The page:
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How technology is disrupting the legal sector – to its benefit

Innovative law firms using artificial intelligence to save on cost, time and lawyers

’The bottom line is, in order for a law firm not to be left behind, it needs to innovate.’  Photograph: iStock .

’The bottom line is, in order for a law firm not to be left behind, it needs to innovate.’ Photograph: iStock .

 

The legal sector, like financial services and the media, is undergoing digital disruption. The difference is that law firms are initiating this disruption themselves.

In October 2018, A&L Goodbody was named the most innovative law firm in Ireland at the Financial Times Innovative Lawyers Awards. The award recognised the firm’s use of technology in providing innovative client solutions – including its use of artificial intelligence (AI) technology in a large criminal-law case .

To meet evolving client needs, A&L Goodbody has committed significant resources to developing practical solutions . For example, ALGorithm is a bespoke due-diligence tool it uses for the sale of large bank-loan portfolios. Additionally, the firm’s in-house legal, project-management and IT teams have come together to develop a homegrown platform which equips both clients and lawyers with real-time data informing them of legal and business decisions, while decreasing costs and time.

A&L Goodbody effectively used AI document analysis, known as technology-assisted review, in criminal investigations, enabling the firm to provide a cost-effective, accurate and compliant solution – which, in one instance, saved a client approximately €1.5 million in administration and legal fees.

“It’s about layering innovation on top of expertise, and finding our own way of delivering new and better services. We talk about it as client tech because it puts the client at the centre of the solutions,” says Charlie Carroll, A&L Goodbody’s client technology partner.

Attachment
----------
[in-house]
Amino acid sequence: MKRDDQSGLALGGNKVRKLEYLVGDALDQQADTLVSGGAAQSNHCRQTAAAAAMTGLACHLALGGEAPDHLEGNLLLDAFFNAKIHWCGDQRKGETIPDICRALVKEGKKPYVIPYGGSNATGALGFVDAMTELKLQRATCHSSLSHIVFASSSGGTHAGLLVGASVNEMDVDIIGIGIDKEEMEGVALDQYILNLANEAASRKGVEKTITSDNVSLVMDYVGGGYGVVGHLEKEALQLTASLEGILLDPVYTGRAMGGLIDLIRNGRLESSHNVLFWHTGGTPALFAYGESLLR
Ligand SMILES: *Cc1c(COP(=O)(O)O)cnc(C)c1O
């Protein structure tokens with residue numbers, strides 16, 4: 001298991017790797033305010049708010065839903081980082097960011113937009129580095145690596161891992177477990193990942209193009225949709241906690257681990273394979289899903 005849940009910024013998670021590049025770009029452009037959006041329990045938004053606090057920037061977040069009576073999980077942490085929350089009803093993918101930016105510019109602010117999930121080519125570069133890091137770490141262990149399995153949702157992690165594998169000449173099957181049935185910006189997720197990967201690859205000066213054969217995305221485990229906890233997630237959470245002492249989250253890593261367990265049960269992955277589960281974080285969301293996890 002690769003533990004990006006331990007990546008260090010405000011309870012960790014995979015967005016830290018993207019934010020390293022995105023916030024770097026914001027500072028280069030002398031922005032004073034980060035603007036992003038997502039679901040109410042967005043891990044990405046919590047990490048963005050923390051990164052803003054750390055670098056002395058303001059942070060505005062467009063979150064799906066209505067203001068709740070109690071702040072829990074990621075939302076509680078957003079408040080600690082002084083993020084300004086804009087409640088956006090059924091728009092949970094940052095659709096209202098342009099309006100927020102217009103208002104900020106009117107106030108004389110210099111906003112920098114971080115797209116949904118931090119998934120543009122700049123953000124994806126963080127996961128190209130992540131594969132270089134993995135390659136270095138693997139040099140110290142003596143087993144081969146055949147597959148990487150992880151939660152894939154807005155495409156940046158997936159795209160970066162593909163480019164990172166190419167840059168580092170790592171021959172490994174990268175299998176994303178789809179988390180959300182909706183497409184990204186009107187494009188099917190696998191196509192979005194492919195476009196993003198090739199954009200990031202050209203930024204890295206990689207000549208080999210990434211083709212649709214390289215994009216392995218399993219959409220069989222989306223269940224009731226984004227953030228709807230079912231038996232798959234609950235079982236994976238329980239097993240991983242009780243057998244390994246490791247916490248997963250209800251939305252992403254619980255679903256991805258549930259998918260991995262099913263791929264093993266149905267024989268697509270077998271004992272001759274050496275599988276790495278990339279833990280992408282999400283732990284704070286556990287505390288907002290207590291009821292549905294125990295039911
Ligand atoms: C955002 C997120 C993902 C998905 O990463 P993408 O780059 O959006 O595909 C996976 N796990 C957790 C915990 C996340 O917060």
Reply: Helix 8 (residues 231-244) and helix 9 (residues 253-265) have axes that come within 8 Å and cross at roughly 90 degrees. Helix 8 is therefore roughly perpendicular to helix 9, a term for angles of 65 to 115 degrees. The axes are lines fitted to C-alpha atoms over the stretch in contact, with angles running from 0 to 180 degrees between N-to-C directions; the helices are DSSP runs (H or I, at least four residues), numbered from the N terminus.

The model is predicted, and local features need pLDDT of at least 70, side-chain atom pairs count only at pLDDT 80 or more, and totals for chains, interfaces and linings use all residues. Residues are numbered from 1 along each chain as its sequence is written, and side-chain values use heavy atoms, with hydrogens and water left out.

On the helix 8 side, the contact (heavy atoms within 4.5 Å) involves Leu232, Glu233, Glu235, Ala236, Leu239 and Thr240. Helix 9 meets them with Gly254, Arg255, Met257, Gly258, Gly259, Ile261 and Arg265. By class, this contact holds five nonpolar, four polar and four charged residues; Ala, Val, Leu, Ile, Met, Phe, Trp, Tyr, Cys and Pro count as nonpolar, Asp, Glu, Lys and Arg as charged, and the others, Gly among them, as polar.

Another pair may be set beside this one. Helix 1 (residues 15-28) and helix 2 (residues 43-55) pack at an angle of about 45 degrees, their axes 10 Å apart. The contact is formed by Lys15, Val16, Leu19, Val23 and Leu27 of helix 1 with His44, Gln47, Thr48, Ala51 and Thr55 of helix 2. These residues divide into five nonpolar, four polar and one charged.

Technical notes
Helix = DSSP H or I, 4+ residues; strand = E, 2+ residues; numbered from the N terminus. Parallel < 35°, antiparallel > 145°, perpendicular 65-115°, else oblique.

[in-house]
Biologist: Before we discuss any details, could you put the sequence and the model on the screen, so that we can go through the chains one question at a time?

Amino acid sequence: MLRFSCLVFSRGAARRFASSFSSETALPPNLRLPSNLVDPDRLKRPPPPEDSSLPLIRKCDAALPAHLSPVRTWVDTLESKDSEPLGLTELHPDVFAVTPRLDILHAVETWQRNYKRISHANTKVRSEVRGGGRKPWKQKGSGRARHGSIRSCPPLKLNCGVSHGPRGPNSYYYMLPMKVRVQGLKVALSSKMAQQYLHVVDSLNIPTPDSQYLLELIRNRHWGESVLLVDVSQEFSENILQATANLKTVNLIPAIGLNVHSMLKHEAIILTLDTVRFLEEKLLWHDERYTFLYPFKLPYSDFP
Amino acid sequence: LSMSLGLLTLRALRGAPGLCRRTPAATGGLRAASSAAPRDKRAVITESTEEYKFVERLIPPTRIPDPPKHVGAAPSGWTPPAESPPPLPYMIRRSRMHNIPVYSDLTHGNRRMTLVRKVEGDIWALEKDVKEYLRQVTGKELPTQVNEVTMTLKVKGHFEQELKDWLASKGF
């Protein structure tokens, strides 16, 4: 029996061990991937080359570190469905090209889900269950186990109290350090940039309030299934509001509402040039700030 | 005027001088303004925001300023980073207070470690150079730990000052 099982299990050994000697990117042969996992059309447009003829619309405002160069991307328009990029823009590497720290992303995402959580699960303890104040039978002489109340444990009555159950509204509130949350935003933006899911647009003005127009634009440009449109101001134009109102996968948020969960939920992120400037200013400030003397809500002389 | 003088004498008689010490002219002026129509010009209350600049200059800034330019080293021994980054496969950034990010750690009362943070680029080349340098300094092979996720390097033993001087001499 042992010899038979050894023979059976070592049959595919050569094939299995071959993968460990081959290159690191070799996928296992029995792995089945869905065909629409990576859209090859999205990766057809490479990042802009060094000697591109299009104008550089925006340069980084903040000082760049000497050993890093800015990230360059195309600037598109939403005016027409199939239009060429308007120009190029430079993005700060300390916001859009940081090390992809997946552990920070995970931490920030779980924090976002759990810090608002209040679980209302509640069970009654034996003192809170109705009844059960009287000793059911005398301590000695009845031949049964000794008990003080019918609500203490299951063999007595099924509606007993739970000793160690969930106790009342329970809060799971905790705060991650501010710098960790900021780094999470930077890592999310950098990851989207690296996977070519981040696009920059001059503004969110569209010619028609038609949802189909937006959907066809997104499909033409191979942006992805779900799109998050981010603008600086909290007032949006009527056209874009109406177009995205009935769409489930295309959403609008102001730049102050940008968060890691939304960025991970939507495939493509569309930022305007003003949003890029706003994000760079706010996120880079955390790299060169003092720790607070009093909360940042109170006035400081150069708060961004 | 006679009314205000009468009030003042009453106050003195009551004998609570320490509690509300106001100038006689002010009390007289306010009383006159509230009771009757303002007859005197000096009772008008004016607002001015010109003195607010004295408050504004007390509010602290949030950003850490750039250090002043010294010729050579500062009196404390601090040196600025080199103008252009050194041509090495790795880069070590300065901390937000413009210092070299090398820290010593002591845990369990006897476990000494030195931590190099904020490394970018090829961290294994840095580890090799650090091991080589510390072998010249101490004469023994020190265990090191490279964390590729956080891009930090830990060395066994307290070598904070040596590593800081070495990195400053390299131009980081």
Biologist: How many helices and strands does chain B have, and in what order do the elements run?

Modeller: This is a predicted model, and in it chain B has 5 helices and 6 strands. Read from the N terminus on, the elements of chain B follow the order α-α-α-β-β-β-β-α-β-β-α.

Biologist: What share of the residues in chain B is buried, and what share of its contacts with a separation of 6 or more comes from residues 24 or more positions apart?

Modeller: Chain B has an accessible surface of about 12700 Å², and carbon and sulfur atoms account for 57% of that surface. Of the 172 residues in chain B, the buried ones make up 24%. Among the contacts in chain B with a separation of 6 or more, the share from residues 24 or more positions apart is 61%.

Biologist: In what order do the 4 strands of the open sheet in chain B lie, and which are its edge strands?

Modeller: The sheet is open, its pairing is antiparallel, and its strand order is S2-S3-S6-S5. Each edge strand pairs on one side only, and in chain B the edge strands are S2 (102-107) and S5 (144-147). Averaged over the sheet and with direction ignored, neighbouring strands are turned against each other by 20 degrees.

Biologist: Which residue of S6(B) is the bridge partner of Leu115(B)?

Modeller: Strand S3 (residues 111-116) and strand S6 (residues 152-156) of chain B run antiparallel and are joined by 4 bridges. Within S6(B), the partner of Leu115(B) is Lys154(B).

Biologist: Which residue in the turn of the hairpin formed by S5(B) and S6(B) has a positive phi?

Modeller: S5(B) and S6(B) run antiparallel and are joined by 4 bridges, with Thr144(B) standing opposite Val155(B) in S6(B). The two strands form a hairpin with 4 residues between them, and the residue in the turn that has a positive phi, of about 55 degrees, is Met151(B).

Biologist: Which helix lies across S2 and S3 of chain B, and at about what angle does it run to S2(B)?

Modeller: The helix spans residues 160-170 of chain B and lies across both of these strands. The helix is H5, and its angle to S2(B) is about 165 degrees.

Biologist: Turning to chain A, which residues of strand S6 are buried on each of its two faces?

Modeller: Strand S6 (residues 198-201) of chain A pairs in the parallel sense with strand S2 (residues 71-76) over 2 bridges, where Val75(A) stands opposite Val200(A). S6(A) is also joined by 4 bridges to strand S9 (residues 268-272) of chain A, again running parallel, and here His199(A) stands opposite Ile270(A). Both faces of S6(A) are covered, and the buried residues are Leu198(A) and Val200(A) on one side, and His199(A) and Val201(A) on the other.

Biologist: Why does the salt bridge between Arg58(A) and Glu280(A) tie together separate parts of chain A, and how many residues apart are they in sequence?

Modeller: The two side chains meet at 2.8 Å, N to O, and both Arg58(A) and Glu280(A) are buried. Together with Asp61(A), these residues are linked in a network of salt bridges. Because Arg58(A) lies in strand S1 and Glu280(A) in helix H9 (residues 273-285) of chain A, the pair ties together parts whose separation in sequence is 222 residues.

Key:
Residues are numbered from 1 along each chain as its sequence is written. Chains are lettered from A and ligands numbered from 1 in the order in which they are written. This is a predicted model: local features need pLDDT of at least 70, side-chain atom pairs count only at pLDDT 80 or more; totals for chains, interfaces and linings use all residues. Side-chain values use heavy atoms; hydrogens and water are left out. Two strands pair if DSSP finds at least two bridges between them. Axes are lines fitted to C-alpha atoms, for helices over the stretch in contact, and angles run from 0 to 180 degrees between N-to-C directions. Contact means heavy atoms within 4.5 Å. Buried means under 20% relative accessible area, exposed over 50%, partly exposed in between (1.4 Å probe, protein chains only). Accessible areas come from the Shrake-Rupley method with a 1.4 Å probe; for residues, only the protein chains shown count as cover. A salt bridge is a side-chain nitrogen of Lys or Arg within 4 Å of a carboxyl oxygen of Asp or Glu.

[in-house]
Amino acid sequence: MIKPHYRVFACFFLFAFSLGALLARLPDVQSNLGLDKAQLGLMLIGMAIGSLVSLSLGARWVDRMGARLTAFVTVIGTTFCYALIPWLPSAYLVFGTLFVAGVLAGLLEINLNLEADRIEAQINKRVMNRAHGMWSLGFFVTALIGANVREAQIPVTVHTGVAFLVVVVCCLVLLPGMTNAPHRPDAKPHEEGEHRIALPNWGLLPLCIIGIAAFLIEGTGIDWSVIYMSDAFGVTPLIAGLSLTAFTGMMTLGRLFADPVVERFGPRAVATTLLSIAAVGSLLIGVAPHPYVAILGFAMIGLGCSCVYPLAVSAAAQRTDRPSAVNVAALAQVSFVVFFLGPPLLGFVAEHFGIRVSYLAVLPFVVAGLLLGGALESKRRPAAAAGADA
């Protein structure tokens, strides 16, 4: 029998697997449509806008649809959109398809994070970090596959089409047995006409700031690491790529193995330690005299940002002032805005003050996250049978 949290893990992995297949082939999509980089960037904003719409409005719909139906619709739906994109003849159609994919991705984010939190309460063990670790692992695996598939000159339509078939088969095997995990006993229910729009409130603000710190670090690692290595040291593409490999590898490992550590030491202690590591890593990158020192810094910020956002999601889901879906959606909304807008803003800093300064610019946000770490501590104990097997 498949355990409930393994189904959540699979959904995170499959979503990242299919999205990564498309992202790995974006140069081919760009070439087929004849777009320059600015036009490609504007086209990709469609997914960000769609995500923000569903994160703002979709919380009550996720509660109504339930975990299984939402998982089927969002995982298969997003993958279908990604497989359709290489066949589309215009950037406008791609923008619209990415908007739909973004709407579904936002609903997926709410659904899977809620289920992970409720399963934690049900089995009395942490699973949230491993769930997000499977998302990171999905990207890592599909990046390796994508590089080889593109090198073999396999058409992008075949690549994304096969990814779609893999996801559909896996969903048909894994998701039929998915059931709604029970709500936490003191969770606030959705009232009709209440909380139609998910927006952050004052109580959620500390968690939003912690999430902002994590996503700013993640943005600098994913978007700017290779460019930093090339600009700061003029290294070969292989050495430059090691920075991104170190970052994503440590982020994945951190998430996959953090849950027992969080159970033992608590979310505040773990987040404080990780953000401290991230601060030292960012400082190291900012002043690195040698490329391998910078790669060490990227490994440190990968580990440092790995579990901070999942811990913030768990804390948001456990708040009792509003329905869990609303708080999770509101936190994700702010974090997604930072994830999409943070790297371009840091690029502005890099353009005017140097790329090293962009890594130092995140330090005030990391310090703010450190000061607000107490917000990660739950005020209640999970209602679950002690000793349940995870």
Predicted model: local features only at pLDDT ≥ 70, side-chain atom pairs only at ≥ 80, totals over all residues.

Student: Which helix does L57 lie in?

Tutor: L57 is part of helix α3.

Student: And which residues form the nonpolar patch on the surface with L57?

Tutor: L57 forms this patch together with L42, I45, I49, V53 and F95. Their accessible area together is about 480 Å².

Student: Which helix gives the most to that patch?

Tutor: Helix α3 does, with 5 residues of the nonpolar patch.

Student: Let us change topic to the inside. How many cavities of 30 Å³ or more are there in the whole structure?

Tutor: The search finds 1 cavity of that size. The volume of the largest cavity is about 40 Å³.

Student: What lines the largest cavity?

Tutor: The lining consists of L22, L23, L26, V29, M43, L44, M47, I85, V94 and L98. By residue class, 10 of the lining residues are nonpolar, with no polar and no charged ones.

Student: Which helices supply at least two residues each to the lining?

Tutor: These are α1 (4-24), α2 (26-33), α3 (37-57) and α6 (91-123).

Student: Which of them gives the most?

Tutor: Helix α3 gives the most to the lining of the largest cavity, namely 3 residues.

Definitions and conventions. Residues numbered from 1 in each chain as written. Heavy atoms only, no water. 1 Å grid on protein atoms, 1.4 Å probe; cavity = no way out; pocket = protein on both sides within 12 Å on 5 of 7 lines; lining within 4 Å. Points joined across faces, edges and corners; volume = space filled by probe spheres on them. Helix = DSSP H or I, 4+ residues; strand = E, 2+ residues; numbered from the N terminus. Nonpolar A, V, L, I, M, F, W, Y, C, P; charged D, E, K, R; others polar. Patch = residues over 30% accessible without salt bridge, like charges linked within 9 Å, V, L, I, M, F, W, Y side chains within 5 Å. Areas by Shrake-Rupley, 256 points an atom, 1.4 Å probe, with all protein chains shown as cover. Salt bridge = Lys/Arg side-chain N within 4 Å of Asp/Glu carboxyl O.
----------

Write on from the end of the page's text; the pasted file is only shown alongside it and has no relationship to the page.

“Traditionally innovation was situated within IT departments, which is difficult because they don’t interact with clients. We decided to set up a separate client tech team .”

A&L Goodbody's innovation has attracted the attention of potential clients, giving them a competitive advantage

Their client tech team has a wide range of staff with a mixture of expertise, from tech and legal skills to business analysts and project managers. New roles are continuously being introduced, including that of the client tech lawyer.

A&L Goodbody’s innovation extends beyond the walls of its own firm, working with both the UCD Sutherland School of Law and Smurfit Business School, to create a master’s degree for its associates. The degree includes a technology module, in the hopes that administrative functions could become automated through technology, leaving more time for lawyers to work on higher-value tasks.

In an increasingly high-pressure market, innovation in the firm has attracted the attention of potential clients, giving A&L a source of competitive advantage. “It is our lawyers’ expertise and the methodology of how we deliver the work that is particularly interesting,” says Carroll.

New developments in technology, such as blockchain or AI applications , are incredibly exciting, but only in situations where they add value to clients. “For our group it’s not about shiny new toys, but about rolling up the sleeves and looking at the data to see what tech solutions could apply,” he adds.